Heavy winds, storm knock down trees, power lines in Switzerland County

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Bill Richardson was lying comfortably doing some reading in the front parlor of his home when a tree came crashing through his house.

Heavy winds rocked through Switzerland County on Sunday night, knocking down trees, limbs and power lines.

“The storm came out of nowhere,” said Bill Richardson, a retired college professor whose home at 405 West Market Street was damaged by a large tree that fell across and into his house.

“My wife was upstairs when the tree fell,” he said. Jane Richardson was fortunately far enough away from the fallen tree to avoid injury, but “she was trapped in the back of the room. It was scary,” said Bill Richardson, who had to “move some fallen 2×4 uprights” to rescue his wife.

Bill Richardson said he was certain it was a tornado that pulled that tree out of the ground, along with another one just a few yards away that landed on the home of George and Donna Jean Harlow, 405 West Market Street. “Those trees twisted out of the ground,” he said. “They twisted out of the ground 180 degrees.”

Switzerland County Sheriff Nathan Hughes said, “the National Weather Service talked about strong straight-line winds and they can have the same type of swirling action, but I heard no reports of a tornado.” He said the storm pulled “siding and shingles off houses, knocked trees down and power lines, but I had no reports of anyone hurt.”

County Highway Superintendent Edd Cook said highway employees were out working to clear county roads until 12:15 a.m. Sunday night, then were back on the job at 6 a.m. “It was a short night for them,” he said. Roads affected by downed power lines and trees were Pendleton Run, Montgomery Road, Tapps Ridge and Pleasant View Ridge.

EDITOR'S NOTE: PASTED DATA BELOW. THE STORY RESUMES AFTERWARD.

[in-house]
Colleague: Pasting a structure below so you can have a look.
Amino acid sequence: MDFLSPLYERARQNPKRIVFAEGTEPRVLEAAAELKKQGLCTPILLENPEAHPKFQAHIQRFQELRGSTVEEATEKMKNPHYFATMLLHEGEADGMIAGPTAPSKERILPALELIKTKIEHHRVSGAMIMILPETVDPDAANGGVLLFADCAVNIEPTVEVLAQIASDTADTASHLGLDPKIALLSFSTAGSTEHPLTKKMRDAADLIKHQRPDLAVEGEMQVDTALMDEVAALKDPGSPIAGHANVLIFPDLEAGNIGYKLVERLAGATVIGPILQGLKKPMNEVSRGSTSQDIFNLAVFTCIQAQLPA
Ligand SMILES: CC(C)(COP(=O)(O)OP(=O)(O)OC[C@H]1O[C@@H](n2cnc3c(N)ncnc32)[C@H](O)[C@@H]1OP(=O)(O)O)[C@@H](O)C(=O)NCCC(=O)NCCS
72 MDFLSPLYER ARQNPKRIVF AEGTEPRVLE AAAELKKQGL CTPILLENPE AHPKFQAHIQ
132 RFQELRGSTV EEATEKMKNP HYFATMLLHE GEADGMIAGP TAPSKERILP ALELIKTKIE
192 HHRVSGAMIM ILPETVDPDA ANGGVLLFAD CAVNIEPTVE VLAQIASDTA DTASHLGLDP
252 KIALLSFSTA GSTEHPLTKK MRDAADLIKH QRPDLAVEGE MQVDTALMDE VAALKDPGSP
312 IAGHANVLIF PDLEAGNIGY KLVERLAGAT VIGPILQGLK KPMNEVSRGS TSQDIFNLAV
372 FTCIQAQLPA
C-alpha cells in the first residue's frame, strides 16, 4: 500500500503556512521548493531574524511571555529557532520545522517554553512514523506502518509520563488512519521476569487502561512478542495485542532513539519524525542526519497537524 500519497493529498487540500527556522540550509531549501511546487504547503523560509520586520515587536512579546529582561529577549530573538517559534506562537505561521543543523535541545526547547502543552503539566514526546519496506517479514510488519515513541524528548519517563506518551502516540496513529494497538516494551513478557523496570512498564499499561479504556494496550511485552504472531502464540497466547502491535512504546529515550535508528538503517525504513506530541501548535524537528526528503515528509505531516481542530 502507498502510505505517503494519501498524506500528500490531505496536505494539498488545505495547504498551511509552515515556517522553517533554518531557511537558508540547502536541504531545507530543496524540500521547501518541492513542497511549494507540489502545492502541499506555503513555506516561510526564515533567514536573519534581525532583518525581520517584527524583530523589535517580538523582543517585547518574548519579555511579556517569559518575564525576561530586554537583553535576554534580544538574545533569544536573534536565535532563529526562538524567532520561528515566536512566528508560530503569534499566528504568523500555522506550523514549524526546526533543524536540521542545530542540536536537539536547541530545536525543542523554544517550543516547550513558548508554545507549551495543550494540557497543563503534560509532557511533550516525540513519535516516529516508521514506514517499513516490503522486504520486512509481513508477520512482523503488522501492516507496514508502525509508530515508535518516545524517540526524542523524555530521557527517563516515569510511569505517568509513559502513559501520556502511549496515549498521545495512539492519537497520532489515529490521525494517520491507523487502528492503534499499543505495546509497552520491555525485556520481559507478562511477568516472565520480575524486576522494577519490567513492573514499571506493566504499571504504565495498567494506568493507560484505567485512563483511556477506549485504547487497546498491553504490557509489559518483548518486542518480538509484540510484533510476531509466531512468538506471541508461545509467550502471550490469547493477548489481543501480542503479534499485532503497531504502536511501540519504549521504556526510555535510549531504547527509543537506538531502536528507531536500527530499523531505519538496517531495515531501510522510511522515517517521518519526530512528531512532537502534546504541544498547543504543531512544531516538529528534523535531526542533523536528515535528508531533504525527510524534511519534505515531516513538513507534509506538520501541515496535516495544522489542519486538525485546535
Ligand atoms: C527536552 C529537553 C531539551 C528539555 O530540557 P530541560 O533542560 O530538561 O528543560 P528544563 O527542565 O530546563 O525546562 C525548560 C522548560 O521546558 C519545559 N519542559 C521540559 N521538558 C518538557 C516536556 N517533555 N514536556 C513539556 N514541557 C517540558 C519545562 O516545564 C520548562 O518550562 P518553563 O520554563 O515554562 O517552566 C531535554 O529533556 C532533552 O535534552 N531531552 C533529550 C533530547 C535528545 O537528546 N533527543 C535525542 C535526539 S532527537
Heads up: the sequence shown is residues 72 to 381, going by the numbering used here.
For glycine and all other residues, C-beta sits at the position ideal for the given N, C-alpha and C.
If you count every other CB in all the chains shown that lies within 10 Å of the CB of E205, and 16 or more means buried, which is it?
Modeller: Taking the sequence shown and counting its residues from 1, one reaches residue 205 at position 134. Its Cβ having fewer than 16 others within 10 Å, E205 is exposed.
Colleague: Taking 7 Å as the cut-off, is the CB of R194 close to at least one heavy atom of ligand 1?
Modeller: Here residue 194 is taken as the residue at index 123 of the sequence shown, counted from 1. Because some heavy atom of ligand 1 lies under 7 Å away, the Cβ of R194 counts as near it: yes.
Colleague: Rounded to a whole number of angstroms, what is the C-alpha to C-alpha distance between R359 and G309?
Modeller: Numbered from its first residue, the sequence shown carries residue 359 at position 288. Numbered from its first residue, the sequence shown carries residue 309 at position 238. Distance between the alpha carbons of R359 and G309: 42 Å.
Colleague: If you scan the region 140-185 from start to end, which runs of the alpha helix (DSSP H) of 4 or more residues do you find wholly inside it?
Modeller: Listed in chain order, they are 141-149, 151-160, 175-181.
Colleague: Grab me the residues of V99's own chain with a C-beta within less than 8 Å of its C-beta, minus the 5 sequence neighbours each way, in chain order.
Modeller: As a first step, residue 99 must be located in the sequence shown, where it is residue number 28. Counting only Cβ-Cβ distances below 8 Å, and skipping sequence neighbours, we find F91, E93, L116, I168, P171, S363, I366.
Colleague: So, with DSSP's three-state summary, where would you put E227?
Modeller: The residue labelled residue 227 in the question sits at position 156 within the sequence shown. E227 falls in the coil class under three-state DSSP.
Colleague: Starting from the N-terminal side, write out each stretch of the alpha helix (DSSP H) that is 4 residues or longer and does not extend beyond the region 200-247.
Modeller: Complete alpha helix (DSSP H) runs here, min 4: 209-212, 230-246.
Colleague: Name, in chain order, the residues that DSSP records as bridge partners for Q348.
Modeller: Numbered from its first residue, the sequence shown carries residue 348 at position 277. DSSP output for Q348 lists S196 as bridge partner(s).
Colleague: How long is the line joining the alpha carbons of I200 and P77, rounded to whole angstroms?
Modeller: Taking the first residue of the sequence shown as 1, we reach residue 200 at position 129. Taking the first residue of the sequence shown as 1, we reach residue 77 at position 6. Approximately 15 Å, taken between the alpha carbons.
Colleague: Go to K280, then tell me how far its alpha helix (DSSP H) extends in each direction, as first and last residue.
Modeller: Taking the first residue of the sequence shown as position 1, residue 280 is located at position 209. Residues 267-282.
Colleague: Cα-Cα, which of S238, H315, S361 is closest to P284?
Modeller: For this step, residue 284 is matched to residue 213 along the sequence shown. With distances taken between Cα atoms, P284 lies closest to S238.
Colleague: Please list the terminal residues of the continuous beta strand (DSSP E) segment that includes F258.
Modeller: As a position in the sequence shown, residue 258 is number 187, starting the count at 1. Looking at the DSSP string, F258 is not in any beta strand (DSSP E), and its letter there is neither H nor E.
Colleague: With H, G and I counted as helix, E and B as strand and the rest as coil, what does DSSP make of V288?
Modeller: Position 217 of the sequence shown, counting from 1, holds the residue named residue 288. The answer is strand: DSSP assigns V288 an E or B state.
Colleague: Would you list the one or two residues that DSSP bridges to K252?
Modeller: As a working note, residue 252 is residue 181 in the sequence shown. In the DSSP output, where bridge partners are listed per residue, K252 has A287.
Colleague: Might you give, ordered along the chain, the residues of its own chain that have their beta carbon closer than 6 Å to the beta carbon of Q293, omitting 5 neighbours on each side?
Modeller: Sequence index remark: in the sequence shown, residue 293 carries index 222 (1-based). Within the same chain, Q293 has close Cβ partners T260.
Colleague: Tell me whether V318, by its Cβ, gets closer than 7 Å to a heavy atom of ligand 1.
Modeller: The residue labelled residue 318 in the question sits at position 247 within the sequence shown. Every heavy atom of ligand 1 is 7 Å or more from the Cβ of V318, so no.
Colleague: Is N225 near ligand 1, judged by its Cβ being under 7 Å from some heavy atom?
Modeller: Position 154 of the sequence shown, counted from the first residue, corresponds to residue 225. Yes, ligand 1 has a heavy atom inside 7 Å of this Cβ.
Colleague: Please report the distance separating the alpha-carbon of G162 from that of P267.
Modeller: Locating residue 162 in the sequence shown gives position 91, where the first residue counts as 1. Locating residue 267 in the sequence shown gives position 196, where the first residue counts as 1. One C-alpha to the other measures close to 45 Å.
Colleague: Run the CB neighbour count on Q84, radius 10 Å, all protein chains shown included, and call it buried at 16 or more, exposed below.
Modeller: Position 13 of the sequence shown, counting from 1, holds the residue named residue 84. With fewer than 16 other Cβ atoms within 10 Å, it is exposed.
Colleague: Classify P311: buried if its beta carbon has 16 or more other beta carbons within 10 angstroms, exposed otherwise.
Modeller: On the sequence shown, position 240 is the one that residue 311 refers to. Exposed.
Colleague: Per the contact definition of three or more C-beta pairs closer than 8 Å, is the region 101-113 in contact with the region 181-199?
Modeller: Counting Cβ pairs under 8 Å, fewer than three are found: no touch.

“It was a tremendous effort throughout the county by the highway (workers) and everybody. They did a real good job under the circumstances,” said County Commissioner K.C. Banta at Monday’s Commissioners’ meeting.

Angeline Protogere, a spokeswoman for Duke Energy which provides power in the Town of Vevay, didn’t have exact figures for how many Switzerland County customers lost power, but said 3,600 customers in the Madison-Scottsburg-Vevay district were without electricity for varying lengths of time between Sunday at 7 p.m. and Monday at 10:30 a.m. “We’ve been in the midst of a major power restoration,” she said.

Shelly Profumo, administrator of Swiss Villa Nursing & Rehabilitation Center, said “everyone responded greatly” when the facility lost power. “We do have generators. Everybody was safe and everything went smoothly,” she said.

Some subscribers to Time-Warner Cable lost service due to the storm. Internet connection to the Vevay Newspapers office was out from Sunday night until mid-afternoon on Tuesday. “Customers in downtown Vevay were the worst impacted,” said Robert Trott, general manager for Time-Warner in central Kentucky and southeastern Indiana. The company provides digital phone, digital cable and high-speed Internet service. “We had to put up new cable, strand wire and the electronics that go with it,” said Robert Trott, who praised the effort of the workers in getting Time-Warner’s service functioning again.

George and Donna Jean Harlow weren’t home when a tree fell on their house, located right next door to the Richardsons. “We came home 15 minutes after it hit,” said George Harlow. The tree landed on top of the bedroom on the far northeast side of the house. “It could have been a lot worse than it was,” he said. “Nobody got hurt.”

On Main Street in Vevay, a large limb fell off a tree onto a recreational vehicle and upholstery business, owned by Robert Wagner. “When it hit, it hit hard,” he said.

“I was in the house looking out the kitchen door” when it happened, said Robert Wagner, whose house at 511 West Main Street is located right next door to his upholstery business.

The limb put a hole in the roof of the trailer, and damaged the whole front side of the upholstery business including a stairway and a glass door. “I could only see glass from one end to the other” when it happened, Robert Wagner said.

He’s been in the upholstery business for 37 years including the last 18 years at the current location. Mr. Wagner has owned the trailer since 1996 and “always kept it looking like new.” He’s not sure what he’ll end up doing with the damaged trailer, but he’s definitely going to repair the building that houses his upholstery business.

Bill and Jane Richardson moved from Pennsylvania to Vevay one year ago and the storm hasn’t changed their opinion of their new home in Switzerland County. “We have enjoyed living here and just about had this house the way we wanted it,” he said. Now, they’re going to get it looking that way again. “We’re going to get back in as soon as possible. We’re going to get it re-done,” he said.